For our vivid perception of a 3-D world, the stereoscopic function begins in our brain by detecting slight shifts of image features between the two eyes, called binocular disparity. The primary visual cortex is the first stage of this processing, and neurons there are tuned to a limited range of spatial frequencies (SFs). However, our visual world is generally highly complex, composed of numerous features at a variety of scales, thereby having broadband SF spectra. This means that binocular information signaled by individual neurons is highly incomplete, and combining information across multiple SF bands must be essential for the visual system to function in a robust and reliable manner. In this study, we investigated whether the integration of information from multiple SF channels begins in the cat primary visual cortex. We measured disparity-selective responses in the joint left-right SF domain using sequences of dichoptically flashed grating stimuli consisting of various combinations of SFs and phases. The obtained interaction map in the joint SF domain reflects the degree of integration across different SF channels. Our data are consistent with the idea that disparity information is combined from multiple SF channels in a substantial fraction of complex cells. Furthermore, for the majority of these neurons, the optimal disparity is matched across the SF bands. These results suggest that a highly specific SF integration process for disparity detection starts in the primary visual cortex.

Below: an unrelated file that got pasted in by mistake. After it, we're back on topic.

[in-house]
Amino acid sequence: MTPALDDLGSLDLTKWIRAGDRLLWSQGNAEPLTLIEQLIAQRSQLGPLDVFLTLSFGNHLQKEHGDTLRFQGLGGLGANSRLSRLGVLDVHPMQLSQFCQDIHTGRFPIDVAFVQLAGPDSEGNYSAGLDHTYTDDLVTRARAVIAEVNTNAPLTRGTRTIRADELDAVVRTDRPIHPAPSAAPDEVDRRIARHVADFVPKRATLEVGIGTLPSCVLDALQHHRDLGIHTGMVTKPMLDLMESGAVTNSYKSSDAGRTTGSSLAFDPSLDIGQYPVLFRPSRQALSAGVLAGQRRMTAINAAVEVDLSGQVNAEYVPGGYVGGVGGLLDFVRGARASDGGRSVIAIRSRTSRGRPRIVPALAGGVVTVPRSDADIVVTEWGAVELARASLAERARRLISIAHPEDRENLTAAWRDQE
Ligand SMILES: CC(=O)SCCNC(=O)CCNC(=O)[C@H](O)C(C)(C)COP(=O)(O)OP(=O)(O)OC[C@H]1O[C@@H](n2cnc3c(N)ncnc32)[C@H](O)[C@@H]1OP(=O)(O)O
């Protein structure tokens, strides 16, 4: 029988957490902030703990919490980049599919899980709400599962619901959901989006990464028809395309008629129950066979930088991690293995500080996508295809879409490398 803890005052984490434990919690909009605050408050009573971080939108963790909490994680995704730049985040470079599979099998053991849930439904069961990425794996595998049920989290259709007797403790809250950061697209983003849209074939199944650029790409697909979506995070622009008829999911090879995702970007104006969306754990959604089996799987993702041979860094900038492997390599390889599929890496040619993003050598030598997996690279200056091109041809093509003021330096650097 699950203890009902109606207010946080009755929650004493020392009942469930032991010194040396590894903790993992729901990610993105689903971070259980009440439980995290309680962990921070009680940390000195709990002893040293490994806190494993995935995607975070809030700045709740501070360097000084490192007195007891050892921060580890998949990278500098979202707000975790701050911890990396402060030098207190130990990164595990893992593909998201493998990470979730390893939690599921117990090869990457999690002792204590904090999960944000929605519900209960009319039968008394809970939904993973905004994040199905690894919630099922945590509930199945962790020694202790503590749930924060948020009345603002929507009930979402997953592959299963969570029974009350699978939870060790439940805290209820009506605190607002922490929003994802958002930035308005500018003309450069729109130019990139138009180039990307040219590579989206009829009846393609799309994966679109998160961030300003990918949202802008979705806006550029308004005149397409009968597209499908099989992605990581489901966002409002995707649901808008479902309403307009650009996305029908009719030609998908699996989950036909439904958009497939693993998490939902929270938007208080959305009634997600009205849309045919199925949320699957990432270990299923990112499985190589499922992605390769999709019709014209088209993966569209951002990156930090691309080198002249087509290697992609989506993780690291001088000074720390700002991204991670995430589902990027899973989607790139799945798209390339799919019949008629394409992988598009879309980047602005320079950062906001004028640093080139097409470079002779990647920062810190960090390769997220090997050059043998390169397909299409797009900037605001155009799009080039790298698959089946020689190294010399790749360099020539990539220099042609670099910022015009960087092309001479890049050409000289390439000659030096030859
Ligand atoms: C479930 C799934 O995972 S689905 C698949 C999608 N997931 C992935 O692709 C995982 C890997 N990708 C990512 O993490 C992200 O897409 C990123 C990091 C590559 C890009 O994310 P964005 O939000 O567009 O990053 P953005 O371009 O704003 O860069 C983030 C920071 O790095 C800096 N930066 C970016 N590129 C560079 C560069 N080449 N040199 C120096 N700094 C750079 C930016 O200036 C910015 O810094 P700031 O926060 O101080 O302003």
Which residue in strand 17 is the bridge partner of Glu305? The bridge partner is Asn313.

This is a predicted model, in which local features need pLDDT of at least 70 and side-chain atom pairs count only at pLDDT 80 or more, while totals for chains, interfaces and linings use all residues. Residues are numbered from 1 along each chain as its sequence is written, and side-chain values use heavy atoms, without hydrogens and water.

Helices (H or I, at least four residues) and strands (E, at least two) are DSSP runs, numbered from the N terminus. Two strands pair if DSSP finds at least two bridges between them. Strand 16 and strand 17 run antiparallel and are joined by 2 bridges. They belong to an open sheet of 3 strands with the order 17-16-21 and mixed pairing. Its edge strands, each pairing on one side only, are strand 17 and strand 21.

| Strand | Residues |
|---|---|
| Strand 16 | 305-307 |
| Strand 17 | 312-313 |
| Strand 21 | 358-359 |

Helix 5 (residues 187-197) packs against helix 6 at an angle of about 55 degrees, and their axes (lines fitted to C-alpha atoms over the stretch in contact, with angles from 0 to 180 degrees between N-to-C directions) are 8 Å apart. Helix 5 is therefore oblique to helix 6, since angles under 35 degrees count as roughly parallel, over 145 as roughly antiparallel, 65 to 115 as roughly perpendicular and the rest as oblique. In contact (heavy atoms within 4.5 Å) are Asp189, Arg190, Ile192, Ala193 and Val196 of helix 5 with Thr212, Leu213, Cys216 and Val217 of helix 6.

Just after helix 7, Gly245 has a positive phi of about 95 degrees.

SIGNIFICANCE STATEMENT Our visual world is broadband, containing features with a wide range of object scales. On the other hand, single neurons in the primary visual cortex are narrow-band, being tuned narrowly for a specific scale. For robust visual perception, narrow-band information of single neurons must be integrated eventually at some stage. We have examined whether such an integration process begins in the primary visual cortex with respect to binocular processing. The results suggest that a subset of cells appear to combine binocular information across multiple scales. Furthermore, for the majority of these neurons, an optimal parameter of binocular tuning is matched across multiple scales, suggesting the presence of a highly specific neural integration mechanism.